Turnbull's Senate challenge is about more than numbers

    • John Warhurst
    • 01 August 2016
    6 Comments

    Turnbull had hoped to bring about a new Senate with most of the 'troublemakers' gone. But the new cross-bench seems certain to be both larger and more diverse. Commentary since the election has concentrated primarily on how the numbers in the new Senate will make it difficult for Turnbull. A better focus would be to look back at Senate-government interaction over the past two years for some positive lessons for Turnbull about what actually happened. It was not just a numbers game.

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  • AUSTRALIA

    Hanson supporters must accept world has changed

    • Fatima Measham
    • 07 July 2016
    26 Comments

    Rather than her reprise, it was the appeals for civility that I found more disconcerting. Katharine Murphy, Margo Kingston and Tracey Spicer ran variations of the argument that confronting the things that Hanson and her party stand for would inflate her status (as if getting elected into the senate has not already done that). Kingston suggests seeking out Hanson supporters for a chat. Unfortunately, that is not a thing black and brown Australians do, sit down for a cuppa with people who despise them.

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  • INTERNATIONAL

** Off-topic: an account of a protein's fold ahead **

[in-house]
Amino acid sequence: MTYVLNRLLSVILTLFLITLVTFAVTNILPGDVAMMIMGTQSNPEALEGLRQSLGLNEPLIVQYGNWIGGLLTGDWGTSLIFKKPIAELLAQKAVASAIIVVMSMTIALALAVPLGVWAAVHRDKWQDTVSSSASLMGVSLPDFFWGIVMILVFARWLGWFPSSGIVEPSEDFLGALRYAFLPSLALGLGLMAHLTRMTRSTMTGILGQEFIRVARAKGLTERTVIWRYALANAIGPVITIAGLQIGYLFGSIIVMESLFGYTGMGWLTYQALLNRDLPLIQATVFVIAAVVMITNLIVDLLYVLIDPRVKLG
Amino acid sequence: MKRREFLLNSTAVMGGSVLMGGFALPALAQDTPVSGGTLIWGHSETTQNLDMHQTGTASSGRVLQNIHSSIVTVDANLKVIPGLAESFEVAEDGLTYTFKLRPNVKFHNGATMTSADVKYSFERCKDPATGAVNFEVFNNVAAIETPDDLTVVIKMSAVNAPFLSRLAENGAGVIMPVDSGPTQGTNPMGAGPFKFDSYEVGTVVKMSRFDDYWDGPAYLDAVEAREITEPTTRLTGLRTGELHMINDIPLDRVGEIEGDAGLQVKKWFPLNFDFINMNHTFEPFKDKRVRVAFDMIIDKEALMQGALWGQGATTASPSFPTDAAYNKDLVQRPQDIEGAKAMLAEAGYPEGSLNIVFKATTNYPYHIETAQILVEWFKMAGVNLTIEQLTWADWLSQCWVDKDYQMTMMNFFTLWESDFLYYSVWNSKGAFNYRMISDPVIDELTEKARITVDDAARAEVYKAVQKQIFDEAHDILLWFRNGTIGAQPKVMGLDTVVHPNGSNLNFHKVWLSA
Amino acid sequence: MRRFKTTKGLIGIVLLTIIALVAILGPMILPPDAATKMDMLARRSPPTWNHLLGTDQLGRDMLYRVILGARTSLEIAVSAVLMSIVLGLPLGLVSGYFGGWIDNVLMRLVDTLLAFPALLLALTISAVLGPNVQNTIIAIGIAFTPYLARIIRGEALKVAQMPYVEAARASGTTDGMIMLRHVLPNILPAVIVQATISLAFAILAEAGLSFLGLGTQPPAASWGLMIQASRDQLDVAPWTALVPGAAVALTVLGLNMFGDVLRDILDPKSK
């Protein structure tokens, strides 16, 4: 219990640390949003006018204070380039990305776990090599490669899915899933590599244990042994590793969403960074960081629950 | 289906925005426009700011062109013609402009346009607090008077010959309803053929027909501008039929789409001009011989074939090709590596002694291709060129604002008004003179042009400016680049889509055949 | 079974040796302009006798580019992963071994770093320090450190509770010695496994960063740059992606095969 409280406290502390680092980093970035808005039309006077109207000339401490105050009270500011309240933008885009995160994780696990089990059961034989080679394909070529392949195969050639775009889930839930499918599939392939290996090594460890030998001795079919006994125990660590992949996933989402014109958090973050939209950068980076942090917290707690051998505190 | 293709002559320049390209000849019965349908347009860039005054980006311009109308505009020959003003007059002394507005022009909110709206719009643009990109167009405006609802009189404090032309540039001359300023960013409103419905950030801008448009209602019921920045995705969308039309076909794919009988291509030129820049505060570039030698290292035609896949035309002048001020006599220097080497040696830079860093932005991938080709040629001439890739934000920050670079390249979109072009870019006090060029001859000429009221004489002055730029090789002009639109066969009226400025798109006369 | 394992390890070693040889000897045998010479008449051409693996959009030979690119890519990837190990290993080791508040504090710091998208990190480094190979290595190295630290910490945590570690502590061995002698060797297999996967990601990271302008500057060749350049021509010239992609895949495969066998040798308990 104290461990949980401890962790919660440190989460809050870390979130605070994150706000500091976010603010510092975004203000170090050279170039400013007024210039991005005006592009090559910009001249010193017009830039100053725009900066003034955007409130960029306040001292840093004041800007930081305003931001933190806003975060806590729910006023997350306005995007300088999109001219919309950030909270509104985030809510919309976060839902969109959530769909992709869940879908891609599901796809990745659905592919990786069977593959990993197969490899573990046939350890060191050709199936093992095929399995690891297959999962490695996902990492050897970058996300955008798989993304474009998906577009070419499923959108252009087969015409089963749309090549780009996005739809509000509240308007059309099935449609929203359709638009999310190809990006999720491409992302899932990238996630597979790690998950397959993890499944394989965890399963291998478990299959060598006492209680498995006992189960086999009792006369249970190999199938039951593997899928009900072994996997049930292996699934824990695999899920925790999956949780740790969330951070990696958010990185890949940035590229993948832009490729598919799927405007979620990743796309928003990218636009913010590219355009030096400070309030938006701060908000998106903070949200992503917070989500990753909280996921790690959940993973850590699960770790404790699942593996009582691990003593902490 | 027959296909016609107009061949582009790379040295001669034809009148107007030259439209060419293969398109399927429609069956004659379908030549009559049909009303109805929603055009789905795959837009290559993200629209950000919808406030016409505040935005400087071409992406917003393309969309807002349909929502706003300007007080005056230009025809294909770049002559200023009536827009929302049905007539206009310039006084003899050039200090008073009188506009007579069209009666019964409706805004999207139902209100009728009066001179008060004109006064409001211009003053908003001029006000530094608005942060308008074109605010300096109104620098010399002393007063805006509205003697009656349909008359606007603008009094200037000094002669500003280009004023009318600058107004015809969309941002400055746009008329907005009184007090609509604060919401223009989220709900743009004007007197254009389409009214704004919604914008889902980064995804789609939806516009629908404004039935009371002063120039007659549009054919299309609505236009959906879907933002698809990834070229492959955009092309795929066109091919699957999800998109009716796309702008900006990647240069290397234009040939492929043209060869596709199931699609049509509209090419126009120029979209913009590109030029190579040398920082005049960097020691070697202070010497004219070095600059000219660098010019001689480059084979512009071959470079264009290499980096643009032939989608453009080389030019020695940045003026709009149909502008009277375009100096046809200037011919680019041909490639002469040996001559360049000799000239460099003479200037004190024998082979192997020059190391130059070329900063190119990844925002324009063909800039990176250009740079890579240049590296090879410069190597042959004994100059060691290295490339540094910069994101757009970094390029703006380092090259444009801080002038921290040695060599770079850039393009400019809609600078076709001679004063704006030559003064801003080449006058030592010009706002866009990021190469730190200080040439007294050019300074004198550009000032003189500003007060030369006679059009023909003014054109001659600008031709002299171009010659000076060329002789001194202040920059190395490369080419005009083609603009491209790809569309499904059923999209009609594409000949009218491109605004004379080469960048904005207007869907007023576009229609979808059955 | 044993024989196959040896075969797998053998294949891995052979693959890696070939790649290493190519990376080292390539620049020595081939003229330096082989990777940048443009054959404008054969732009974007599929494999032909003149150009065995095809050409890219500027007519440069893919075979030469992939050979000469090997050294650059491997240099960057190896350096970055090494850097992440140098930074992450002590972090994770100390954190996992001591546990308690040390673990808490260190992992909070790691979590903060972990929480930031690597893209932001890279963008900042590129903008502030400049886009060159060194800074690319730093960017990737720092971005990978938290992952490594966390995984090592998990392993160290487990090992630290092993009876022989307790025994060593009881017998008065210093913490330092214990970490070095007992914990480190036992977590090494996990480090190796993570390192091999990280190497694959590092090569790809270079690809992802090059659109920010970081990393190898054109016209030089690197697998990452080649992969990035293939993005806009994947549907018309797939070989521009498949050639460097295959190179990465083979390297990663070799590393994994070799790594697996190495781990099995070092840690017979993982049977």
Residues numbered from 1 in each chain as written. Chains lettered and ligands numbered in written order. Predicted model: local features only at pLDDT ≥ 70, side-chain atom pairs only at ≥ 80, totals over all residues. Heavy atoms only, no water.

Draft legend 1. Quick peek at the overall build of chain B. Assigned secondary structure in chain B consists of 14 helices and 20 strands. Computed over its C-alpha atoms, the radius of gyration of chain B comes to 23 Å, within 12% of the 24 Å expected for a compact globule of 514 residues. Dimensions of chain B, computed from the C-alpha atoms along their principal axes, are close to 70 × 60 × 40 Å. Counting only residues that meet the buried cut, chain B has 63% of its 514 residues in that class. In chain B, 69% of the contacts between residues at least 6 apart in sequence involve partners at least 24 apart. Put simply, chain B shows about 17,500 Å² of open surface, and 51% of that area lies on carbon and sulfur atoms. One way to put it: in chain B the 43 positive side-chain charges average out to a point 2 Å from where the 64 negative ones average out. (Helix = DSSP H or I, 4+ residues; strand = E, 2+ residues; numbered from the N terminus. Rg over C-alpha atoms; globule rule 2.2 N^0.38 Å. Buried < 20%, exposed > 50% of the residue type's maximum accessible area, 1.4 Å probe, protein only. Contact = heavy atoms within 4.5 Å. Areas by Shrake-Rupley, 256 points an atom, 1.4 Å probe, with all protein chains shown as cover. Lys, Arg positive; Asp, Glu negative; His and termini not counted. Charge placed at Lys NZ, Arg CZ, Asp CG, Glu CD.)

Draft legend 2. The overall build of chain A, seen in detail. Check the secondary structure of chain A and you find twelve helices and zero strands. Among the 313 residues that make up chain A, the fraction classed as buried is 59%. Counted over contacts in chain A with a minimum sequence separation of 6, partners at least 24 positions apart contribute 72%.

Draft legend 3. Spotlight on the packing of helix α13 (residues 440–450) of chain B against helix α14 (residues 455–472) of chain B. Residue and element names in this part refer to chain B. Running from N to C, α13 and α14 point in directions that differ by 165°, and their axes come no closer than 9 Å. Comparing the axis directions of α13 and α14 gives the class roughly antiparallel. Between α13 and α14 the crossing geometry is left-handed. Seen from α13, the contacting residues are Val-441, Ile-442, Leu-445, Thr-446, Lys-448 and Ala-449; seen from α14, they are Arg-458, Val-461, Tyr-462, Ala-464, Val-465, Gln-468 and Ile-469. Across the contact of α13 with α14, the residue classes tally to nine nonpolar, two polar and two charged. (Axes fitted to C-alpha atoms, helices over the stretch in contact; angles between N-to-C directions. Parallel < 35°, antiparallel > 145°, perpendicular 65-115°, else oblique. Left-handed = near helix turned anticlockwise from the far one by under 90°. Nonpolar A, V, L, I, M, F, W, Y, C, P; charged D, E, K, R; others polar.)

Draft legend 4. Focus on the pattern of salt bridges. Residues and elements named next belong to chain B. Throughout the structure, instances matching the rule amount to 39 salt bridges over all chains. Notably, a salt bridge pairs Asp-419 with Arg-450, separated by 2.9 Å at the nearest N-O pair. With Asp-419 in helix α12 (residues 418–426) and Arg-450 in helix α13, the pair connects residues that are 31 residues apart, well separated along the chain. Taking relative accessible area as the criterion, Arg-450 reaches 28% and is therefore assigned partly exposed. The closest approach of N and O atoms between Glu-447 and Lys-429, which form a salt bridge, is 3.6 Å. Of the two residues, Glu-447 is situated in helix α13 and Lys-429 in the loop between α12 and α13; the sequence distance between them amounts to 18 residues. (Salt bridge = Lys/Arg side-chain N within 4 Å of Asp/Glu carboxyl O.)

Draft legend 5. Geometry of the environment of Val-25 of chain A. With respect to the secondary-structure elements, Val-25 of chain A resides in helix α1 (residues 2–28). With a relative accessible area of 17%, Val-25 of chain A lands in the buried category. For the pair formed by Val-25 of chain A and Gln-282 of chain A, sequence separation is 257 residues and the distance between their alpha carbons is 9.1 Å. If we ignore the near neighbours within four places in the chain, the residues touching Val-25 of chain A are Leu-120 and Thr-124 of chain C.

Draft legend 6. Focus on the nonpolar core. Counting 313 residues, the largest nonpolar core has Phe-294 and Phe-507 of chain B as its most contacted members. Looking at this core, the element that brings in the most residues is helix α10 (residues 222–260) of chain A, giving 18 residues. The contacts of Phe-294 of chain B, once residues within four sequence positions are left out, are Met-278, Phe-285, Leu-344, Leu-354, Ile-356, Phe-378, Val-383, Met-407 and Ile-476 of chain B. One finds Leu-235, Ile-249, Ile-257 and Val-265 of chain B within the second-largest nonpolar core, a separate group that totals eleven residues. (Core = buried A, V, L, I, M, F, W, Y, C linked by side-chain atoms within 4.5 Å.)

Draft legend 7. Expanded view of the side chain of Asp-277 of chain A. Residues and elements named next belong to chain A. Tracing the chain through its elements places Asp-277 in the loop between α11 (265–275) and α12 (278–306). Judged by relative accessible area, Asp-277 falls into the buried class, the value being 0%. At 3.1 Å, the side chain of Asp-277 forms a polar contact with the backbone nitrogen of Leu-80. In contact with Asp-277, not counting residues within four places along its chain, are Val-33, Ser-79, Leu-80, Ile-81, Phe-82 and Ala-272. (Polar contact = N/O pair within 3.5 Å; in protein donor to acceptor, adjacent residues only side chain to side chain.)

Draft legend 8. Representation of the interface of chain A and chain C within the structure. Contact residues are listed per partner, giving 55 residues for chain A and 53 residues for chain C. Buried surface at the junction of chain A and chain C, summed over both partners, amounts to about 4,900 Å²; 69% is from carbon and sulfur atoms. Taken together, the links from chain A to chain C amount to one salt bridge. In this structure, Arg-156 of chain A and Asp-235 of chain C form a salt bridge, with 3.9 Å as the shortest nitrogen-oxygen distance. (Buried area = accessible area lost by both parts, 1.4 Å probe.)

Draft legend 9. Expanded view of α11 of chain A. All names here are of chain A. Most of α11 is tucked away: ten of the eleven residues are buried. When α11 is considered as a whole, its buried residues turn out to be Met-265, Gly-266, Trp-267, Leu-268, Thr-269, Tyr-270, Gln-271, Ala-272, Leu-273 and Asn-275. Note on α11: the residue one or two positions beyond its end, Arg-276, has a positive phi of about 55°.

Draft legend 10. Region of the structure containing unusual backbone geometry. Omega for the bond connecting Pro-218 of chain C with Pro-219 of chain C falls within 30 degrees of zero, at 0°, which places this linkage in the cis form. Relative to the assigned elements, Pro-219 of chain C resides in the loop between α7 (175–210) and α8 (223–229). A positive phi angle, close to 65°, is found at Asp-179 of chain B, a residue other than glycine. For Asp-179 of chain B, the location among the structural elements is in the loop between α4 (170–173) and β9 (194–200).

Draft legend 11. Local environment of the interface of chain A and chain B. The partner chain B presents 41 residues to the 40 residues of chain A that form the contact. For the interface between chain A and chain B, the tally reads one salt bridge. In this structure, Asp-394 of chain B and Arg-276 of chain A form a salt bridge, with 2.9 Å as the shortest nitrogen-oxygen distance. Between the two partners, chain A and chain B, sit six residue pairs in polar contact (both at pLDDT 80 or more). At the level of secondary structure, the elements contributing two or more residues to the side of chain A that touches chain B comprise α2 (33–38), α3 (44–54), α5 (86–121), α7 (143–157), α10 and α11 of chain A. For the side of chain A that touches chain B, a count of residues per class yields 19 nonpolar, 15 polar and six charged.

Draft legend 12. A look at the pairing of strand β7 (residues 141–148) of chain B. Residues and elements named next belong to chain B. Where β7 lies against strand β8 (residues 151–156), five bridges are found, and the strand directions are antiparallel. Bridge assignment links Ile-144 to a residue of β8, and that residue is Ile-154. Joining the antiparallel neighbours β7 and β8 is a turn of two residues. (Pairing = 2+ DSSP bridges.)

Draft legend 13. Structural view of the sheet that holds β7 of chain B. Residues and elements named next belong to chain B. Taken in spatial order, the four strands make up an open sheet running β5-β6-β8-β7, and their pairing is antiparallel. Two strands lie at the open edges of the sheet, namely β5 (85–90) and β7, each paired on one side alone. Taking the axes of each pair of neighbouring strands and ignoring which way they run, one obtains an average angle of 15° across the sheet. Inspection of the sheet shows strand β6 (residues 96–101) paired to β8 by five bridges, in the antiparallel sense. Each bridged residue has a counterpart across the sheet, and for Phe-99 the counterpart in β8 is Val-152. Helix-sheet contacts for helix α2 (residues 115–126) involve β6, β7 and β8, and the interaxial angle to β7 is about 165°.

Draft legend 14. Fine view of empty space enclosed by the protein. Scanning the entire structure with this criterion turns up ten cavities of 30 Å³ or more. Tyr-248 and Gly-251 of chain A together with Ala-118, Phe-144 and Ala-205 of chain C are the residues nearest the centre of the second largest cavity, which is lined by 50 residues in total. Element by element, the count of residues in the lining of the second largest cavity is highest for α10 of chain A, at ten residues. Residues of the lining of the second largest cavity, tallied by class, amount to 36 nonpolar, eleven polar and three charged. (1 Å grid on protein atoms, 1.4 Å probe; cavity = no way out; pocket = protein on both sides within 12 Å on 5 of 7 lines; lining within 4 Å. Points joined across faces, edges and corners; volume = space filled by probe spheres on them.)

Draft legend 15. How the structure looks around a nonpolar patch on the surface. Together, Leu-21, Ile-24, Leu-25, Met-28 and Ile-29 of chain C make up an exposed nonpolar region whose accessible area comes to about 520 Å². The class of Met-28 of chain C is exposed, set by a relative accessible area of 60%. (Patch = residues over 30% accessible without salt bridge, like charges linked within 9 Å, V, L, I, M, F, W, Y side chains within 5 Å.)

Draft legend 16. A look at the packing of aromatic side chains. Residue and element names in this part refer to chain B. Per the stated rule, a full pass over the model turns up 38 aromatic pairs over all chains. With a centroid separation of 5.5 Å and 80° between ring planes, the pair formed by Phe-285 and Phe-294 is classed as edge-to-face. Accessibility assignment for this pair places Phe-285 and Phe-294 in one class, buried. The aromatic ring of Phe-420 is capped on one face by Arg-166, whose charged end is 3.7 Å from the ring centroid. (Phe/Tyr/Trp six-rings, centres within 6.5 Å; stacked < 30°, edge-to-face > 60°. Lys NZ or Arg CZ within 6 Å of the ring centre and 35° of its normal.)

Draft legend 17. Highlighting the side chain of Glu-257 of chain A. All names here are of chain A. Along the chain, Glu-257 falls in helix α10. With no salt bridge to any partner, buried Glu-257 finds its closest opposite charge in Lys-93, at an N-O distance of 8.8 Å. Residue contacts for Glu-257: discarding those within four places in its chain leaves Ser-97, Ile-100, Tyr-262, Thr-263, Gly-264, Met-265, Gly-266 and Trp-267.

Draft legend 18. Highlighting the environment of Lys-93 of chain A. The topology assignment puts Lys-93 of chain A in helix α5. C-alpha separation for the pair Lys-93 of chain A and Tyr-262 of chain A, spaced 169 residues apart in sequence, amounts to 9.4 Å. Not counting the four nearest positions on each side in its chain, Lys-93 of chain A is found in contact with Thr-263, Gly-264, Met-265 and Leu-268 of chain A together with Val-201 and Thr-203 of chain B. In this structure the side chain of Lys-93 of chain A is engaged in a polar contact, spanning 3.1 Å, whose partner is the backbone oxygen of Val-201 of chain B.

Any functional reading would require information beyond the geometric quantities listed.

Leave Europe arguments betray cultural amnesia

    • Andrew Hamilton
    • 22 June 2016
    19 Comments

    Some commentators in the Australian media have welcomed the prospect of Britain's leaving the EU. The founders of the union would recognise these commentators' hoped-for changes. They are precisely the conditions that contributed to the wars that they so feared: the xenophobia, disregard for human rights, chauvinism, military adventures entered by individual nations and competitive economic policies that alienated citizens and so bred authoritarian and ideologically inspired leaders.

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  • RELIGION

    Anzac Day and just war scepticism go together

    • Andrew Hamilton
    • 24 April 2016
    26 Comments

    The classical arguments originated at a time when casualties were suffered mostly by soldiers. In modern warfare, civilians overwhelmingly suffer. Just war theory is used as spin to give specious justification to military campaigns in whose devising ethical considerations played no part. Wars that governments wage are just; those waged by their enemies are unjust. By joining in such debate churches are co-opted into playing an intellectual game designed to make legitimate killing and destruction.